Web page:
If you’ve ever wondered whether the federal government might be trustworthy, whether our first nation peoples have been treated fairly and whether they have the right to have a whinge, then this film might make wake you up, if you’re like most Australians and asleep at the wheel … my biggest surprise was the integrity of ABC’s Lateline … oh … and Dave Sweeney who spoke at Hawker at our latest gathering? He appears briefly too!

Do we believe what the Feds say? It’s propaganda +++ and poor Kimba, about to have a three-month intensive ‘community consultation’ roadshow …

John Pilger – johnpilger.com … a great Australian journalist! https://www.facebook.com/groups/344452605899556/

March 21, 2017 Posted by | aboriginal issues, art and culture, Audiovisual, AUSTRALIA - NATIONAL | Leave a comment

In South Australia, artists are at the forefront of the nuclear-free movement

Artists paint the truth of SA nuclear la la land https://www.eurekastreet.com.au/article.aspx?aeid=50616#.WKpGiNJ97Gg Michele Madigan |  12 February 2017

‘It will be your artists: the poets, painters, actors, dancers, musicians, orators — they will be the ones to lead the changes.’ It was one of the many international invited guests, a Maori woman speaker, who made this prediction to the huge 40,000 strong crowd; to the 30,000 First Nations people from across the nation and 10,000 of us non-Aboriginal supporters who had joined them enroute to Hyde Park, Sydney, on 26 January 1988.

In South Australia almost 30 years later, this prophecy continues to unfold in the ongoing high-stakes battle for country that surrounds the proposed nuclear waste dump.

The orators have been long leading the way. ‘We can’t sell that country — we can’t sell it. Just like selling your own kid, own grandmother, own grandfather,’ said Arabunna Elder Kevin Buzzacott at the 1998 Global Survival and Indigenous Rights Conference in Melbourne 1998.

Tjunmutja Myra Watson told the Olympic Games international media, Botany Bay, 2000: ‘We already lost everything at Maralinga’ — the site of the 1950s and 1960s British nuclear tests.

‘We thought that Maralinga would be the last one … We love our land … We got the Dreaming, we got the songs and we got the culture. We’re going to fight to keep it. Let’s keep it, let’s keep the country, not this man coming in and digging up our spirit and our land and all our songs. They’re spoiling it when they put the poison in. They’re taking everything and they did it before.’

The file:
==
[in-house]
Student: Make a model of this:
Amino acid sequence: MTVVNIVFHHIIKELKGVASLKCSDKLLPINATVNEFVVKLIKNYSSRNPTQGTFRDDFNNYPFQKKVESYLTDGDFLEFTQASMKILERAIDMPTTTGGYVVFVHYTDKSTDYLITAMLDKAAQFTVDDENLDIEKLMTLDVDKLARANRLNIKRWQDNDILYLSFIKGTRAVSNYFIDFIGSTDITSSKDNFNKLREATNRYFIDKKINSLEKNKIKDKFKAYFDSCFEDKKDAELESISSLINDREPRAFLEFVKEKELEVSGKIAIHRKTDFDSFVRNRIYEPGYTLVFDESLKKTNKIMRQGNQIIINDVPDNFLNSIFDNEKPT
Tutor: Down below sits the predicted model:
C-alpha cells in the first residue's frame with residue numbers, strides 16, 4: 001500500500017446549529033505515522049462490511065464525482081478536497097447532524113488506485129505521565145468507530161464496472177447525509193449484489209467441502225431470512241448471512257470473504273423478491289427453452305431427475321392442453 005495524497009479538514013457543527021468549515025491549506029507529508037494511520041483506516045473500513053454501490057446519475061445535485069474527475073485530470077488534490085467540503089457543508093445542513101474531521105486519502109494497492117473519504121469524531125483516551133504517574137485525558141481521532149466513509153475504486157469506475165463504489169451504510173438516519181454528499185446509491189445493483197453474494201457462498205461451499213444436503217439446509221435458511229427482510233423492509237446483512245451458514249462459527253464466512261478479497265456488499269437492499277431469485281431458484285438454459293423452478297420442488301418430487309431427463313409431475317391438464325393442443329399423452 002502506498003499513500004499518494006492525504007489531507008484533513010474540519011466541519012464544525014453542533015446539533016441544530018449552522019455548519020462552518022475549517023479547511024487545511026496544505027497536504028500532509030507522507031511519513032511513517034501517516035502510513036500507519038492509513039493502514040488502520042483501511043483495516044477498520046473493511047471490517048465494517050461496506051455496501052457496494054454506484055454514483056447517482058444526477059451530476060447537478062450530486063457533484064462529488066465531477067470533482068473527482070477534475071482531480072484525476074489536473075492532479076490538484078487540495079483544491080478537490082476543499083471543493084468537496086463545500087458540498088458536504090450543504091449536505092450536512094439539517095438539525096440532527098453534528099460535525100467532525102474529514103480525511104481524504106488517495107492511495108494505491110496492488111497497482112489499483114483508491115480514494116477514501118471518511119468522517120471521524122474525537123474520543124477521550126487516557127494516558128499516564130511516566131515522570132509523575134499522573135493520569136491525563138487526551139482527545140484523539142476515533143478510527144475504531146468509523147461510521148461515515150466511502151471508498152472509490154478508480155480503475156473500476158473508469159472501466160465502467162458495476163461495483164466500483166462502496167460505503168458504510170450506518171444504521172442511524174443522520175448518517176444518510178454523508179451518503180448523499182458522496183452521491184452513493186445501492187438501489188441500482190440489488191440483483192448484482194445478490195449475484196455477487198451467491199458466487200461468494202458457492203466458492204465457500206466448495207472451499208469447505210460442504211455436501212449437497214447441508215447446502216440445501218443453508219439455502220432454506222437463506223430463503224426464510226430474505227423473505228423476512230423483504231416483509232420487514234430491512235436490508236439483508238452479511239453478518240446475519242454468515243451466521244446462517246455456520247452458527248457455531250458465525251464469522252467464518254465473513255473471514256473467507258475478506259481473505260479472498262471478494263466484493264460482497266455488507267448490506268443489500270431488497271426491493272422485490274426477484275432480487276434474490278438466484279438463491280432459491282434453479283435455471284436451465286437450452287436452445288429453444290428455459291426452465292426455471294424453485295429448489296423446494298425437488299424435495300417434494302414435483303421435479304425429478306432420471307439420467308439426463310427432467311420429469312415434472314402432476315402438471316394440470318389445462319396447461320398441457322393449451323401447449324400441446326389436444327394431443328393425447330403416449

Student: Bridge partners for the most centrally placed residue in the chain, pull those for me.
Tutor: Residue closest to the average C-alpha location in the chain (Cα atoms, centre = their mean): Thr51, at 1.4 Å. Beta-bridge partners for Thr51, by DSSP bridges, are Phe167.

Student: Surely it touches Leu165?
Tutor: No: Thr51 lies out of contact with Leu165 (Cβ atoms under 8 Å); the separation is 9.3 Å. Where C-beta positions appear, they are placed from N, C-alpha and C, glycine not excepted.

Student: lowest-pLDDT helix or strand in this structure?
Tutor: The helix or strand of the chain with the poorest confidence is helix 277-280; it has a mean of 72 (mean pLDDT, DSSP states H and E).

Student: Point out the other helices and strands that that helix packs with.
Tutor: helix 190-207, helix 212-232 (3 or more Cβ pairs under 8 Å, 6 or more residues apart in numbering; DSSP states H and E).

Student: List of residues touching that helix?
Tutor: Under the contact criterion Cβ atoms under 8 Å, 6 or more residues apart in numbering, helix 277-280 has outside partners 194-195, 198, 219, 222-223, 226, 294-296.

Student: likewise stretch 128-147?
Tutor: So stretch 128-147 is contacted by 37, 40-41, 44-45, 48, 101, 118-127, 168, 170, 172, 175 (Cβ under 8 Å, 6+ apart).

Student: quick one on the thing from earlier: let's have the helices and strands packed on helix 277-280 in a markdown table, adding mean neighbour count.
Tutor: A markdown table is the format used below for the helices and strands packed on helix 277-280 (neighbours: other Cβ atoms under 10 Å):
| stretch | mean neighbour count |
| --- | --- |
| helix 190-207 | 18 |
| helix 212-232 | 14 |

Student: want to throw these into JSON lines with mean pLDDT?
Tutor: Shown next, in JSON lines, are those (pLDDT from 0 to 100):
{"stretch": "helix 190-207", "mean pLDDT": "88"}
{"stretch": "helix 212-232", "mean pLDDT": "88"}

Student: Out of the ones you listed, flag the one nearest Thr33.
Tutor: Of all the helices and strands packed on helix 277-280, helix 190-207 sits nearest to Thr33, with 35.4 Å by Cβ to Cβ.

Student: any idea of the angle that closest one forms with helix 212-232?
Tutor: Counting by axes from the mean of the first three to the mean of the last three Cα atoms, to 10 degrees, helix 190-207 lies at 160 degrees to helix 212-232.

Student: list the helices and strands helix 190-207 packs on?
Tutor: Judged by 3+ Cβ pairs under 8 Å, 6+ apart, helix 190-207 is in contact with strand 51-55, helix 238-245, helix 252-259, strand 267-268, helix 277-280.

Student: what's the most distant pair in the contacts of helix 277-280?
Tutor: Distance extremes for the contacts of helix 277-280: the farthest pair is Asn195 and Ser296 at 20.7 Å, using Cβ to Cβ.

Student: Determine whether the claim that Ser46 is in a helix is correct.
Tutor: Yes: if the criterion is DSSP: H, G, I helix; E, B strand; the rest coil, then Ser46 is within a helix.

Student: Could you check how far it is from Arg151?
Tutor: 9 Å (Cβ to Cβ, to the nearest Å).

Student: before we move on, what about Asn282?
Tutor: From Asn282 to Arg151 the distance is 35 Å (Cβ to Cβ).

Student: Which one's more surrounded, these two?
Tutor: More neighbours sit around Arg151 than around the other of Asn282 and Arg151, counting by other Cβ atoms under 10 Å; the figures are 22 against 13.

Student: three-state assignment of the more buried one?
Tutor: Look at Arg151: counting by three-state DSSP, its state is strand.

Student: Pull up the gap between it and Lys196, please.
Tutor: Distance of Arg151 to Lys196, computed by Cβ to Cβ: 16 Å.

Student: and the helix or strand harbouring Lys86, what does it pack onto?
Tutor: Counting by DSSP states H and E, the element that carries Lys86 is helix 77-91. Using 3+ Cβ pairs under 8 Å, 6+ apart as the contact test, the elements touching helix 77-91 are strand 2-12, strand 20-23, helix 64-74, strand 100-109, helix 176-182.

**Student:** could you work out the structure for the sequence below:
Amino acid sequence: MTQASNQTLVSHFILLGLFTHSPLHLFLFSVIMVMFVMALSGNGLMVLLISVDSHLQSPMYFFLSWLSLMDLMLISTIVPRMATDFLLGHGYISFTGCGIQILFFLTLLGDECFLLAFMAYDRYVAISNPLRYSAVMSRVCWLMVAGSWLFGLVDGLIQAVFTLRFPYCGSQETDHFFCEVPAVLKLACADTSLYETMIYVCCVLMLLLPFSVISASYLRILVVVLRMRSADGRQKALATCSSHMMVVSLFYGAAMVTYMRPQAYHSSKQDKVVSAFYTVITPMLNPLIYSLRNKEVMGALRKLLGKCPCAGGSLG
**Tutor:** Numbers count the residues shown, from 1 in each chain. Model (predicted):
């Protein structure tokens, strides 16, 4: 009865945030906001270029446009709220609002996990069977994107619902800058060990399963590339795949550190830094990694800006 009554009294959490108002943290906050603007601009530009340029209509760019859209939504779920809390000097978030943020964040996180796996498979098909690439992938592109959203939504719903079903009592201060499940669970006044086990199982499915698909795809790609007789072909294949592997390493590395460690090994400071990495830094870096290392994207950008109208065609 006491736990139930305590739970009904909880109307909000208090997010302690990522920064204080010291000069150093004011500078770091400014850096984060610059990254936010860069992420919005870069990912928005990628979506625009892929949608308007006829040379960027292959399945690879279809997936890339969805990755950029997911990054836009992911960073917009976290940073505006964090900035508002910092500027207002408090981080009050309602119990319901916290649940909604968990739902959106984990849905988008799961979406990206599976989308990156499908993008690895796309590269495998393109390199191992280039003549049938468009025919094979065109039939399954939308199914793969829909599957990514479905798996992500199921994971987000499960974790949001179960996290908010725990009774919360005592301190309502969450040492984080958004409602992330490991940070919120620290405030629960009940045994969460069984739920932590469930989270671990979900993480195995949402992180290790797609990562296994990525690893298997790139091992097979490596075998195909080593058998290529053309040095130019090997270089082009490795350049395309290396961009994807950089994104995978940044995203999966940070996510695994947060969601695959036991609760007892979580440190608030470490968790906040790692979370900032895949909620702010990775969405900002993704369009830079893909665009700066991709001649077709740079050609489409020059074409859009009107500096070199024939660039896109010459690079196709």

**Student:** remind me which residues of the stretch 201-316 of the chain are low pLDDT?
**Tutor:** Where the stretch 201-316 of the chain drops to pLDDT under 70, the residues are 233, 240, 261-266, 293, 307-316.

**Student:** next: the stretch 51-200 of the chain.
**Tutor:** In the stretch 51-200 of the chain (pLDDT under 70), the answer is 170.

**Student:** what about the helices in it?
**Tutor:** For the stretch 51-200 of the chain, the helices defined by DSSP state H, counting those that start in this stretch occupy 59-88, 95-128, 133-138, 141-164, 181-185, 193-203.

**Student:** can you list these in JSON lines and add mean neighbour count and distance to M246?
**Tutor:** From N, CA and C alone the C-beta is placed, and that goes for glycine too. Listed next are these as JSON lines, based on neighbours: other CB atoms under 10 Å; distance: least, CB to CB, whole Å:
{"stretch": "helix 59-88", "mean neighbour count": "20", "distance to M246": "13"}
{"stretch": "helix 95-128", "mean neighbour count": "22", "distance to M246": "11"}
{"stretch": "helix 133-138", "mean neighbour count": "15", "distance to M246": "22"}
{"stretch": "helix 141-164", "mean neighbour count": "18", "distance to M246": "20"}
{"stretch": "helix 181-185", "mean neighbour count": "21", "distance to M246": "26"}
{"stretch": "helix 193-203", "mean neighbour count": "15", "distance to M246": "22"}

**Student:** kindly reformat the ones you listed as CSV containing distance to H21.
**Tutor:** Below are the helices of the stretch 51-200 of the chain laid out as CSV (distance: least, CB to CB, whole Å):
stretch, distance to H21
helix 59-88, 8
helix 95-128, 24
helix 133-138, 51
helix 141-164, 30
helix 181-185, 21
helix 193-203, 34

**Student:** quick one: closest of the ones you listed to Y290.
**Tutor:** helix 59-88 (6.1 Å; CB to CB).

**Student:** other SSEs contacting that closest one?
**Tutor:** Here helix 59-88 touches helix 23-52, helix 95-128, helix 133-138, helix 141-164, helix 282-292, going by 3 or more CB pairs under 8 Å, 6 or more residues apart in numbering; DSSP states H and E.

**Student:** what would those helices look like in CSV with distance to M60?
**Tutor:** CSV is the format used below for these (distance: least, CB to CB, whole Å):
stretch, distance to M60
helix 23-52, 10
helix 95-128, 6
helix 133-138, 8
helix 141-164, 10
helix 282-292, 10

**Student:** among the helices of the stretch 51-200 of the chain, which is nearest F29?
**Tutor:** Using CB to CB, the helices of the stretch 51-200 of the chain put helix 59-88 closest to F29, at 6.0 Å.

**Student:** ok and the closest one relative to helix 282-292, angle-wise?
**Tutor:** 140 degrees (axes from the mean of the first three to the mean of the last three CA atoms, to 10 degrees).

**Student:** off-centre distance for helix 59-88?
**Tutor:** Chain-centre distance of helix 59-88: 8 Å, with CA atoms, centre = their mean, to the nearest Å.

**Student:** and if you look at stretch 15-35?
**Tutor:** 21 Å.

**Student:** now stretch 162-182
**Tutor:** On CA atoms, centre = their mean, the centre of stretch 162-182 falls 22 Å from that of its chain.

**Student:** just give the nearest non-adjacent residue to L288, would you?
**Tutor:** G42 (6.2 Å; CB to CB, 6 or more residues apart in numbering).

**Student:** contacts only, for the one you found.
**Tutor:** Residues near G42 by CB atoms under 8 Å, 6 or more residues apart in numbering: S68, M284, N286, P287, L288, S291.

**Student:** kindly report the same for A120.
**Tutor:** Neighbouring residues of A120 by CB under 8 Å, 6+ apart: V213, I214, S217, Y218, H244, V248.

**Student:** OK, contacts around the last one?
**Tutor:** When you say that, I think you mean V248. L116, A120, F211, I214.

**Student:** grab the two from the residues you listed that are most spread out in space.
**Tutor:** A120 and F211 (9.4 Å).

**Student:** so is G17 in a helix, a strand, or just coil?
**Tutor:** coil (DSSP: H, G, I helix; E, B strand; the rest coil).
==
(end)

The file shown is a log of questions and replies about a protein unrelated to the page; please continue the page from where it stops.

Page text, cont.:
They are joined in the struggle by other artists: painters Eileen Wani Wingfield and Eileen Unkari Crombie; dancers Eileen Kampakuta Brown, Edie Nyimpula King and other Kupa Piti Kungka Tjuta, dancing for protection of country in the bush; singers like Ivy Makinti Stewart, whose astonishing voice filled the Adelaide Town Hall with the lament of the Seven Sisters: Irati Wanti — the poison — leave it! Continue reading

February 20, 2017 Posted by | art and culture, South Australia | Leave a comment

Review of Black Mist Burnt Country – Maralinga – focussed art exhibition

Lester,-YamiBlack Mist Burnt Country review – exhibition covers devastation of nuclear war, Guardian, , 12 Oct 16  With works by Sidney Nolan, Arthur Boyd and Jessie Boylan, Black Mist Burnt Country homes in on the 1956 British atomic tests in the Great Victoria Desert.

In the new exhibition Black Mist Burnt Country, one photograph by Jessie Boylan sticks out. Yankunytjatjara man Yami Lester stands on the deep red earth next to a single skinny tree. His brown jacket reflects the muted landscape. His hands are clasped on his chest as if in pain, and his eyes, tilted to the sky, are scrunched shut. Yami Lester, you see, is blind.

Lester was just a child when the British tested the atomic bomb near his home in the Australian outback, in what came to be known as Maralinga. “It was coming from the south – black, like smoke,” he later recalled. “I was thinking it might be a dust storm, but it was quiet, just moving through the trees.”

Elders thought it was an evil spirit and tried to use woomera (spear-throwers) to disperse it. But the damage was done. Lester’s family soon fell sick. He lost his sight. The trees, too, shrank, shrivelled and died.

The national touring exhibition, which runs until 2019, commemorates the 60th anniversary of the Maralinga atomic tests through painting, sculpture, printmaking and installations. Spanning 70 years, from Hiroshima to today, it covers artistic reactions to nuclear warfare from more than 30 artists, Indigenous and non-Indigenous.

Black Mist Burnt Country may be broad in scope but it concentrates heavily on the infamous 1956 Maralinga tests in South Australia’s Great Victoria Desert……….Black Mist Burnt Country is at the SH Ervin Gallery and will tour NSW, VIC, SA and QLD until 2019   https://www.theguardian.com/artanddesign/2016/oct/12/black-like-smoke-exhibition-covers-devastation-of-nuclear-war-in-outback-and-beyond

October 13, 2016 Posted by | aboriginal issues, art and culture | Leave a comment